Data is the coin of the modern business realm. It’s created entirely new industries and transformed the way companies of all sizes, in every industry operate. But along with the possibilities the explosion of data brings, it’s also creating a litany of new and complex challenges for IT, security, and privacy professionals around protecting it throughout its lifecycle and across ever-growing IT ecosystems.
Today’s businesses own extensive IT landscapes and ever-expanding perimeters spread data to the farthest reaches of the business footprint, across on-prem and cloud platforms, and in a variety of formats. The sheer volume of data — not to mention its disparate and widespread nature — makes effectively locating it, properly classifying it according to its sensitivity level, then taking steps to protect it using conventional means and methods nearly impossible.
Add to it the rise of privacy regulations like GDPR, CCPA, and HIPAA (among multitudes of others) and the demand for a robust approach to minimizing the risk of costly, brand-damaging breaches and violations is pushing many organizations to reevaluate their approaches to preserving the privacy and security of sensitive data.
Traditionally, enterprises have often relied on vendor-supplied information protection tools. Microsoft, for example, offers Microsoft Information Protection (MIP) and Azure Information Protection (AIP) to label and classify data within the Microsoft and Azure environment. But today’s enterprises are increasingly adopting a multicloud business strategy and spending as much as 35% more annually on private and public cloud options than in the past.
And, given that their data will naturally end up living in one or more of those platforms at any given time, organizations are now seeking vendor-agnostic solutions to help them gain visibility and transparency into their data across systems, platforms, and environments.
Diverse data, poor protection
Pretty much every organization is aware of the need to protect data, but there are many obstacles preventing them from implementing a full data governance program. In particular, they tend to struggle with how to prioritize data protection, how to provide coverage for an ever-expanding data universe, and how best to deal with the complexities of structured, unstructured, and semi-structured or synthetic data.
The end result is substantial blind spots that dramatically increase the risk of breach, unauthorized access, inappropriate use, and compliance failures.
Limited focus on the whole lifecycle
Many companies tend to focus their attention on preventing unauthorized network access by building firewalls or other network intrusion solutions — usually at the expense of other critical activities like classification and usage control that focus on the data itself. Fortifying defenses against intrusion is an important element of any data privacy and protection strategy, but doing it without consideration for other parts of the strategy can ultimately make collaboration harder, drive down business productivity, and still leave sensitive data exposed.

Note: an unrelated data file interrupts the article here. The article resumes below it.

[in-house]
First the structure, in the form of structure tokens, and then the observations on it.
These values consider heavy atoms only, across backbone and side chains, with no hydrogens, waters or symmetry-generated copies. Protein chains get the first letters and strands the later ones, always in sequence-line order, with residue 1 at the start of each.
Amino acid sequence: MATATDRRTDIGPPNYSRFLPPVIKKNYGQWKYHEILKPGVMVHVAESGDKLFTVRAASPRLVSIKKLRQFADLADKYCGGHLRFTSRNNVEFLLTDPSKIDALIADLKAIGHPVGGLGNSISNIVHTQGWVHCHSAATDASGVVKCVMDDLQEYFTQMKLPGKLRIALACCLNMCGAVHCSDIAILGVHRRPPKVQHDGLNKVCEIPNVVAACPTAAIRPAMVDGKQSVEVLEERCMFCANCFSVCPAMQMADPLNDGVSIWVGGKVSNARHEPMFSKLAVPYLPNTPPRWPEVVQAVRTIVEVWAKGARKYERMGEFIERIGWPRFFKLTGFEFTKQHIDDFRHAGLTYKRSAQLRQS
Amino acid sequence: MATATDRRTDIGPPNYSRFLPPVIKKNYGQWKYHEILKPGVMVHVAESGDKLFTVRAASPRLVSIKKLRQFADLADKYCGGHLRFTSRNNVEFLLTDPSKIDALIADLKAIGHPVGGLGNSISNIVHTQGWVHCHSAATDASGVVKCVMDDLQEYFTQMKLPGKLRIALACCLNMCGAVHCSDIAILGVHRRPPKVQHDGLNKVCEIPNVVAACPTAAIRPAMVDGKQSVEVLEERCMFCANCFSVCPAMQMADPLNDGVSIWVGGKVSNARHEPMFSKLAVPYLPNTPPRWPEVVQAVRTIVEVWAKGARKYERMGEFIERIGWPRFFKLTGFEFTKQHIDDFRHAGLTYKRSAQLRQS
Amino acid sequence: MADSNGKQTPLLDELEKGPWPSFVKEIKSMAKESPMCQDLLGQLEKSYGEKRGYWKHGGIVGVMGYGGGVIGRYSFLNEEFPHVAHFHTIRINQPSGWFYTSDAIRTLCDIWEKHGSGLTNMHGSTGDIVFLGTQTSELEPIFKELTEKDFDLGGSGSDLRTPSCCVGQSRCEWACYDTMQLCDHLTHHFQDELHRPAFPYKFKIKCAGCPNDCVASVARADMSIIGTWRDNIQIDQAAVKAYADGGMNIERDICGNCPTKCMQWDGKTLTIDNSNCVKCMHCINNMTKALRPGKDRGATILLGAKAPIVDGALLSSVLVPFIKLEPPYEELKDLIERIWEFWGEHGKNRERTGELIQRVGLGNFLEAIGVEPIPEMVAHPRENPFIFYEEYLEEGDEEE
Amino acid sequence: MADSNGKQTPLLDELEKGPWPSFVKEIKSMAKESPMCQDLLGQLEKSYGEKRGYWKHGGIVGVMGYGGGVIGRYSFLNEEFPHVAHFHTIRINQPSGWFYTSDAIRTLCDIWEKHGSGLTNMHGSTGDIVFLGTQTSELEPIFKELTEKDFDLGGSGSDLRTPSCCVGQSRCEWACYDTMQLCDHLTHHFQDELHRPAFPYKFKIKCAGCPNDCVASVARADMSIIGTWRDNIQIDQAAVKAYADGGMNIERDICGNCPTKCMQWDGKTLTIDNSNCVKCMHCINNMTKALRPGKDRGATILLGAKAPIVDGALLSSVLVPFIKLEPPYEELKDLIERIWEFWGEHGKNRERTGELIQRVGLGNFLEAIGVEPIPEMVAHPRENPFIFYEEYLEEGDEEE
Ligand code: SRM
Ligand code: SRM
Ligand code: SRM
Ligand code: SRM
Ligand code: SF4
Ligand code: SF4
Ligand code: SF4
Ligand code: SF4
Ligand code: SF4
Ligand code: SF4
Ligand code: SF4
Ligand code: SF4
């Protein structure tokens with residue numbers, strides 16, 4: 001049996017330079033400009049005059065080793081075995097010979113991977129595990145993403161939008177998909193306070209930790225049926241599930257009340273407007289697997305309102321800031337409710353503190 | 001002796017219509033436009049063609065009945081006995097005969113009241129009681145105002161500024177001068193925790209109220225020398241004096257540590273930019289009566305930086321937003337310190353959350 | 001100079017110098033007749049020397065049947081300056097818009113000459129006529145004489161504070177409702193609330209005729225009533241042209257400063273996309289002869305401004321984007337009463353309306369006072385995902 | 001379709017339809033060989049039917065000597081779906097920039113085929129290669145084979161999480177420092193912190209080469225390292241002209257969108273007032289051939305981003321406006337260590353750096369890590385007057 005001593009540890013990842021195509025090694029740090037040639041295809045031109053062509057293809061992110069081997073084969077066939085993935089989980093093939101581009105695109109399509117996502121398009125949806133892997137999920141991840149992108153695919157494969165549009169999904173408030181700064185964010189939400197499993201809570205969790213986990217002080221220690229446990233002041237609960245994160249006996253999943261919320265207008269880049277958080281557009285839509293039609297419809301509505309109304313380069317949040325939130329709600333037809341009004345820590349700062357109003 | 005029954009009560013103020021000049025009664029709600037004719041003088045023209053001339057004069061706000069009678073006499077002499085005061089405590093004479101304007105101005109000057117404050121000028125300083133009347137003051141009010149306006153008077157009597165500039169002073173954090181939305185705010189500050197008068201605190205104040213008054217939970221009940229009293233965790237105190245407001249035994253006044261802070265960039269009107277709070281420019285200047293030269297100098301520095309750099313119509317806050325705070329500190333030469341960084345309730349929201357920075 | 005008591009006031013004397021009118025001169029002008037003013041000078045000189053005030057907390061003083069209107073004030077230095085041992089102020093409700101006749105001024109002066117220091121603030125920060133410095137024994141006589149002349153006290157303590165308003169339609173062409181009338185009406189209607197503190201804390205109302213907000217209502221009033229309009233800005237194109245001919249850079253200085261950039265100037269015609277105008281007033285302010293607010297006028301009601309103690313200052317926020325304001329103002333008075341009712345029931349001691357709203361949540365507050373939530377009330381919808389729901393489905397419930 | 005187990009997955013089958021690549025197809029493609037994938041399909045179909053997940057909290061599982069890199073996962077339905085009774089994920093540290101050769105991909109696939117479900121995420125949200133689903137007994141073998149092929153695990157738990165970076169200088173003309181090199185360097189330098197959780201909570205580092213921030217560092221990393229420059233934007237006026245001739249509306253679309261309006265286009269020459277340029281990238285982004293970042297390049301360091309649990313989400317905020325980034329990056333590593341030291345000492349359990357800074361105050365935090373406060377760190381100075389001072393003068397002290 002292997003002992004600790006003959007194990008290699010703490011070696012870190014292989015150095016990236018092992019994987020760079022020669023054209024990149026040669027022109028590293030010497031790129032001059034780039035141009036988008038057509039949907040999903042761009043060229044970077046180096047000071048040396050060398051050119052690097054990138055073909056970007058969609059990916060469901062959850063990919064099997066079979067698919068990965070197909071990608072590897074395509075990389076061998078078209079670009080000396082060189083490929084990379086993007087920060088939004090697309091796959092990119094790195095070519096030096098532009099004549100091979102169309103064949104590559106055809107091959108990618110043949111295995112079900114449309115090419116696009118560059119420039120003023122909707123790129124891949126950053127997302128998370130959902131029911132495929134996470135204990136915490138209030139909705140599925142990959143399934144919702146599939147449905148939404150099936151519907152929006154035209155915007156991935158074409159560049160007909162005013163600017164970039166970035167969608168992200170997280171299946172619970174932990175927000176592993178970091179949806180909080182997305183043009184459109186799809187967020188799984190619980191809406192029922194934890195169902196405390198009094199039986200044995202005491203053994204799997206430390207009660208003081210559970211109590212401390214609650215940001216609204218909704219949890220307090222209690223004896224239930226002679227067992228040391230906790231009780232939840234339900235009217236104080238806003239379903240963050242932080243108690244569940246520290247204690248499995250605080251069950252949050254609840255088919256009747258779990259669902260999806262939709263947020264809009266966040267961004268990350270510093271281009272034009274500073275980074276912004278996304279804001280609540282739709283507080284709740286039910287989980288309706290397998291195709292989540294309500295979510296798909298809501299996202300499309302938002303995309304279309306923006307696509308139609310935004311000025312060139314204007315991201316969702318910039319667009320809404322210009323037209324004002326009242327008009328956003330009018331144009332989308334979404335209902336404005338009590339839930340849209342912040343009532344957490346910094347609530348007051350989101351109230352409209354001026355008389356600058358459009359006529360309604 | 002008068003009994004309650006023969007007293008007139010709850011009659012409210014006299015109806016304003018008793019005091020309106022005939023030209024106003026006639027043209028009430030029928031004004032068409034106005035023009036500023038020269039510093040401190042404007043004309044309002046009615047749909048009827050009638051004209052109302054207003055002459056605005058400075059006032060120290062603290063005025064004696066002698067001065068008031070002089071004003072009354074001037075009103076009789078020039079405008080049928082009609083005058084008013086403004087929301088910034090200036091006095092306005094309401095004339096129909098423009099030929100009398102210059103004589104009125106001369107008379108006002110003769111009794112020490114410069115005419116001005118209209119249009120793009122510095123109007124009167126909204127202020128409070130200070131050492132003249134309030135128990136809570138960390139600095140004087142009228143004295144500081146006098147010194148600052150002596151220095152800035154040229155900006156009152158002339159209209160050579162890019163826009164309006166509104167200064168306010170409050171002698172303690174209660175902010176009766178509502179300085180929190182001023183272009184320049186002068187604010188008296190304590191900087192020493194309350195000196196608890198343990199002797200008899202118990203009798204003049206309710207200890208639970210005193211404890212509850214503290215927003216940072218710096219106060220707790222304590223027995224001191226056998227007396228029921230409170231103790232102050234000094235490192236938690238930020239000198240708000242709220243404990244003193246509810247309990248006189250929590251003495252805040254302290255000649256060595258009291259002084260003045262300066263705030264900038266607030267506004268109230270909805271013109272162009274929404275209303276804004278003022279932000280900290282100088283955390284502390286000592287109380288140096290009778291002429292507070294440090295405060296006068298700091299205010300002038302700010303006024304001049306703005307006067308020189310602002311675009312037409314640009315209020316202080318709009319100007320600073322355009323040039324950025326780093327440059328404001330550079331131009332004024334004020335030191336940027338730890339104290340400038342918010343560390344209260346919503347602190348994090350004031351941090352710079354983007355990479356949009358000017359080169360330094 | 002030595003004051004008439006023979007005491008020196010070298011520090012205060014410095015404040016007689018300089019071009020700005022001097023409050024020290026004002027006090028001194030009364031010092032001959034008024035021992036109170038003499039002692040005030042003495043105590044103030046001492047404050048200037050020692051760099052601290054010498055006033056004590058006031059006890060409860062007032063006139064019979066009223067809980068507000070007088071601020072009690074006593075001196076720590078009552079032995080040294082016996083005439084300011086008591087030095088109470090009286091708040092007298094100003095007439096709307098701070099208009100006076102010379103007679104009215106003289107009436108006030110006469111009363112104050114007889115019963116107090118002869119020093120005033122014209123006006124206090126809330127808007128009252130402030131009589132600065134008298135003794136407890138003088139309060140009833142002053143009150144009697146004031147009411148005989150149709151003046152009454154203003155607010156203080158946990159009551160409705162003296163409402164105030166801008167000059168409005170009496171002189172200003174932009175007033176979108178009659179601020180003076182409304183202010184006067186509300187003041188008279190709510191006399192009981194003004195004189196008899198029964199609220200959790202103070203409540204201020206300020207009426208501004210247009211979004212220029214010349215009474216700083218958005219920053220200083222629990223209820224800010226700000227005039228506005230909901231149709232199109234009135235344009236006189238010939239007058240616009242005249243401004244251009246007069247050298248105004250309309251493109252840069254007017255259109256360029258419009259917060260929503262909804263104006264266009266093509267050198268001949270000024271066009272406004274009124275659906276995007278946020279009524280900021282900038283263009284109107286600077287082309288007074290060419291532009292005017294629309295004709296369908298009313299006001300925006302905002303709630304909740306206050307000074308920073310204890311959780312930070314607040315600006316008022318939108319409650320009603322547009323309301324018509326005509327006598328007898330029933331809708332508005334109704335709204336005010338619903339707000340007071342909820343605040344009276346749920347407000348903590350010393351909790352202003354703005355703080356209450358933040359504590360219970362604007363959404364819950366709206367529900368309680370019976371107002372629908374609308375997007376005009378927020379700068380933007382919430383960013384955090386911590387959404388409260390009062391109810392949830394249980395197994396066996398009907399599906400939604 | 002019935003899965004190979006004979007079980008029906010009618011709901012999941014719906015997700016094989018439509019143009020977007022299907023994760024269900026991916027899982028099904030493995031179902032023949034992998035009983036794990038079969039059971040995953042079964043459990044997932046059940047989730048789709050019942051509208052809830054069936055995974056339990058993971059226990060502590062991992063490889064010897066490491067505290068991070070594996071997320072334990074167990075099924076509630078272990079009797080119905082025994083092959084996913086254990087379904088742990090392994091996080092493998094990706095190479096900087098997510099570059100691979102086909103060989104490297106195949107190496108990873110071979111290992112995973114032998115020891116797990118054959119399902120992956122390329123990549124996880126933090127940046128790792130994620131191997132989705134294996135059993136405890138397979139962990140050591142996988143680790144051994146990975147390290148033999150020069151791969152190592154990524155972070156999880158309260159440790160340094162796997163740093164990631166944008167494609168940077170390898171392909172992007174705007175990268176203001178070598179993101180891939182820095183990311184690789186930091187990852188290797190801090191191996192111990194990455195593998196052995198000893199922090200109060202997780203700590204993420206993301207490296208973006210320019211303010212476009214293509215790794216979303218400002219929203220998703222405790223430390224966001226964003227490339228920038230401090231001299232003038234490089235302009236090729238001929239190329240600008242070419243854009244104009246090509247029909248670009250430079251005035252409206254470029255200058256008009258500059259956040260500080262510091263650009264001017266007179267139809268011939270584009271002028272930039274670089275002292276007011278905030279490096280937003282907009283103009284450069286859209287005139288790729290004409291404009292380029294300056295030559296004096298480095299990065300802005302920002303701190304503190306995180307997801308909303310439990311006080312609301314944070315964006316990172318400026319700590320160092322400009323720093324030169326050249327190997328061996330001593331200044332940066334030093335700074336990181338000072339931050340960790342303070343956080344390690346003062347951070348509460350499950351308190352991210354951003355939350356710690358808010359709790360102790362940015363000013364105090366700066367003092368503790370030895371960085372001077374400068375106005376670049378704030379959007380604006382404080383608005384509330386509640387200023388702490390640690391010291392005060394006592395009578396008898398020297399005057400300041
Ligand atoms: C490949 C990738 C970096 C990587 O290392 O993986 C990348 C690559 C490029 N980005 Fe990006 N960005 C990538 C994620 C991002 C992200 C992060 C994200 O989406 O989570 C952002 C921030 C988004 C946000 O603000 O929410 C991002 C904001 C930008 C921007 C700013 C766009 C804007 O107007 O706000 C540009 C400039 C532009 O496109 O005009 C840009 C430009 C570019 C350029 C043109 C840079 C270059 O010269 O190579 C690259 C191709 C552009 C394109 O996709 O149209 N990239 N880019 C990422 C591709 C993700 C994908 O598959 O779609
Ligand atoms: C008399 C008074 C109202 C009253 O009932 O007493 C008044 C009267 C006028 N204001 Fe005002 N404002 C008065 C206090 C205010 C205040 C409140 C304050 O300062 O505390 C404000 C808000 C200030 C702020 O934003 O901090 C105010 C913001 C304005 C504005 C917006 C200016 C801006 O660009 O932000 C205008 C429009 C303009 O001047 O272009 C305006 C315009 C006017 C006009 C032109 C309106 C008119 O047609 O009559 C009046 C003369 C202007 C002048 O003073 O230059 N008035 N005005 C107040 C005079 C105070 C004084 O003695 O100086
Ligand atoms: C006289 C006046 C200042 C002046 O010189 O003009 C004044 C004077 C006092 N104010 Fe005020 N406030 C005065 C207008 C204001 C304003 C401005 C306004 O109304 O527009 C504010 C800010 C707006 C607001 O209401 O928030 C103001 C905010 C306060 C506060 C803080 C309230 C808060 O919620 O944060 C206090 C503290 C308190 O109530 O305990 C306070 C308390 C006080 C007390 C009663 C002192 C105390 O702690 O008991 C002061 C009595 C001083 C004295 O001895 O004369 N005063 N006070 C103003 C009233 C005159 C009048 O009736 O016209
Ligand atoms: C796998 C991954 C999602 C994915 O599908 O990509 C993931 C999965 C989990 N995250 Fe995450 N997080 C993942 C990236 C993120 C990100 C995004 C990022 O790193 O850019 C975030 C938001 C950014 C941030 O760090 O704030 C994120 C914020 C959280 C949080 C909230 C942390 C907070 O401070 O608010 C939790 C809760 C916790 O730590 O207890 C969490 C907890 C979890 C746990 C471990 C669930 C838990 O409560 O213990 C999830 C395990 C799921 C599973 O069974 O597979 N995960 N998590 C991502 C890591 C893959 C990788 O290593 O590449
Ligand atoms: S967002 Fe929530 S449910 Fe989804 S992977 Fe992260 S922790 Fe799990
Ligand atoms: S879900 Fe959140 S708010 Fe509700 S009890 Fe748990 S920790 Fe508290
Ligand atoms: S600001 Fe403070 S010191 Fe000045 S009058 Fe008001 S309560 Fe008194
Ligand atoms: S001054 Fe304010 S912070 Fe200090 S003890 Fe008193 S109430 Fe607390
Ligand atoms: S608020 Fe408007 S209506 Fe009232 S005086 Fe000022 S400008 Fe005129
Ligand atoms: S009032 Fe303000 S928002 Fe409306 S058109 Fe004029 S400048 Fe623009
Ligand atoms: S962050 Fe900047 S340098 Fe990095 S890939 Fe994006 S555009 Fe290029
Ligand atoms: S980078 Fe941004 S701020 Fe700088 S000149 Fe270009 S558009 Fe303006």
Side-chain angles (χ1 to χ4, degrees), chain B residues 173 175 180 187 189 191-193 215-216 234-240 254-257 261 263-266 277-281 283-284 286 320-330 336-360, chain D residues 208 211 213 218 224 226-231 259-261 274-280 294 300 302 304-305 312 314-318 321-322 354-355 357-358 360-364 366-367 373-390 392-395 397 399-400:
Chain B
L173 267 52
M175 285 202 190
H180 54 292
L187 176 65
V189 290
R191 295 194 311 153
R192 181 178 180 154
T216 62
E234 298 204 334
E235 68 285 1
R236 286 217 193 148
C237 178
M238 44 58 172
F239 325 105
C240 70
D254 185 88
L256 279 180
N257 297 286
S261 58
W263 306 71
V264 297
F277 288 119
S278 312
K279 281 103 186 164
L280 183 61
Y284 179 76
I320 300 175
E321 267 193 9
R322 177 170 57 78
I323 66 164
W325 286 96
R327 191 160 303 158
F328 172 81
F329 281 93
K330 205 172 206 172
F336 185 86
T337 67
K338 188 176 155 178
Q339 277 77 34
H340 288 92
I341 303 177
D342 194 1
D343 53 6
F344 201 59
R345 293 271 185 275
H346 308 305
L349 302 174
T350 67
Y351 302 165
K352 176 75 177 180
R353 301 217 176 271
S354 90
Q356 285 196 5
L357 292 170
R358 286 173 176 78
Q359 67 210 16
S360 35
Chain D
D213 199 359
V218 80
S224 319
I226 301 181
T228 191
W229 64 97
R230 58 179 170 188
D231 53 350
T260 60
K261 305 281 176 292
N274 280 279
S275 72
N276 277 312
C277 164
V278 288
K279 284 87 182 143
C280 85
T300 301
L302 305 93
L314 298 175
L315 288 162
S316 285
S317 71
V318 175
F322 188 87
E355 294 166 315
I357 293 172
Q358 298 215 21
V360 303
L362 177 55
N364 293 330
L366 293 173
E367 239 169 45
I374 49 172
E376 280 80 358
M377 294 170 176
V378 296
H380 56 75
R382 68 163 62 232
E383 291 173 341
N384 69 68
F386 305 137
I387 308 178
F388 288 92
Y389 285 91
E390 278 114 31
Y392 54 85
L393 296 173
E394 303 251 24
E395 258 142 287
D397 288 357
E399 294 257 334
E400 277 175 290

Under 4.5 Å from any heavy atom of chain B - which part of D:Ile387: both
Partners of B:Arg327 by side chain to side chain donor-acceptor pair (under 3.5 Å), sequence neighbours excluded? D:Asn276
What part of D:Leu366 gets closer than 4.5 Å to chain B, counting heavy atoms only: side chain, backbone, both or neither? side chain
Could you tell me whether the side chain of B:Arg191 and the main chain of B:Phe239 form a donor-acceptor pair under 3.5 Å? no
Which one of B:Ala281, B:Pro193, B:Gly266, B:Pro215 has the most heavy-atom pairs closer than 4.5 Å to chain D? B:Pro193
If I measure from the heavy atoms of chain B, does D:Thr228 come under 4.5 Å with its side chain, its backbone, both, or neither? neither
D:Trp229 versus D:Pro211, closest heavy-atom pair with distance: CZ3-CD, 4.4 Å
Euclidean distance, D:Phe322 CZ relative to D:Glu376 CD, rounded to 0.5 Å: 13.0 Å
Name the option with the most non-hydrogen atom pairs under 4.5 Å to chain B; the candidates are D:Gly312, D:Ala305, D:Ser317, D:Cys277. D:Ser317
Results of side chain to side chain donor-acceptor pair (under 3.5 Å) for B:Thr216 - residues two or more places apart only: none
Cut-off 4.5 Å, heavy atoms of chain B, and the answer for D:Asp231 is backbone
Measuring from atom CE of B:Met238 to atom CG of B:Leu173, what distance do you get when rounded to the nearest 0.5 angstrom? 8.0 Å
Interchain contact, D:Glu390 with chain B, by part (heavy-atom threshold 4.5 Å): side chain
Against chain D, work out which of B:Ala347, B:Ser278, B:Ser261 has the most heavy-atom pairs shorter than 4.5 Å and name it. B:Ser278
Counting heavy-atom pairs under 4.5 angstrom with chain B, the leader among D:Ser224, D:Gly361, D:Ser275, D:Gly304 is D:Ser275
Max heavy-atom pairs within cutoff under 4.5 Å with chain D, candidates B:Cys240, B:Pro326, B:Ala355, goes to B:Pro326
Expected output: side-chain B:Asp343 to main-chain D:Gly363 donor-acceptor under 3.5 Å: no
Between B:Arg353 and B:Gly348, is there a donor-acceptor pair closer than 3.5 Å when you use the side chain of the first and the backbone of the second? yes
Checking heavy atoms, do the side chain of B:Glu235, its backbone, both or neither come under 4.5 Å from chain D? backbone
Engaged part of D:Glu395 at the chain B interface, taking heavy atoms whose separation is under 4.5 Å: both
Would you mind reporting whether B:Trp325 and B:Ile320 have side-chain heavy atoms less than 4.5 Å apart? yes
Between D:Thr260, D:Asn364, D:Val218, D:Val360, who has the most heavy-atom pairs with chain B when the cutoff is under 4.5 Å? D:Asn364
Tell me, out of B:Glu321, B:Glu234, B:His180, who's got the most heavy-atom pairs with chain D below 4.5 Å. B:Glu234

Data is all over the place
The data in a modern IT ecosystem is diverse and spread out. It lives across platforms and operating systems, in various cloud storage applications, across cloud environments, and in both unstructured and structured objects. Storing sensitive data in such a wide variety of operating systems, cloud environments, and objects can make it nearly impossible to discover, classify, and apply appropriate usage restrictions — especially with outdated manual processes or vendor-locked solutions that only cover a small sliver of the overall data inventory.
Data formatting can create huge headaches
Data itself isn’t homogenous. It comes in a variety of formats — structured, unstructured, semi-structured, or some combination of the three. Adding to the challenge, each category of data requires its own standards around the levels of access people and other systems have, creating additional obstacles to properly and sufficiently discovering, classifying, and remediating it. That’s especially true when dealing with personal identification information (PII) and trying to navigate the myriad compliance requirements for different governance standards that can sometimes conflict with one another.
A revolutionary approach to comprehensive data governance
Forward-looking enterprises increasingly recognize the potentially existential risks and shortcomings associated with relying on vendor-specific tools for sensitive data governance, and supplementing them with platforms that unify data protection across the data lifecycle.
These comprehensive platforms take a three-pronged approach to eliminate these blindspots and enable organizations to govern data no matter where it lives.
First, they use sophisticated techniques to discover data across platforms, systems, and environments. These techniques go beyond pattern matching and RegEx algorithms, employing advanced tools and logic to reduce false positives. Second, they classify data in alignment with their broader data governance programs, enabling greater granularity and control than legacy systems had ever thought to provide.
Finally, they apply the right policies to the right data at the right times across the ecosystem — automatically. The comprehensive, end-to-end data lifecycle coverage substantially reduces the exposure and risk of an organization’s most sensitive data, helping to protect against catastrophic breaches, purposeful and accidental misuse, and enabling them to serve their customers and their business with confidence.
To learn more about how progressive organizations are combining AIP/MIP with Spirion’s expansive platform to provide end-to-end data governance across the enterprise, download our white paper, The Ultimate Combination for Enabling End-to-End Data Security and Privacy.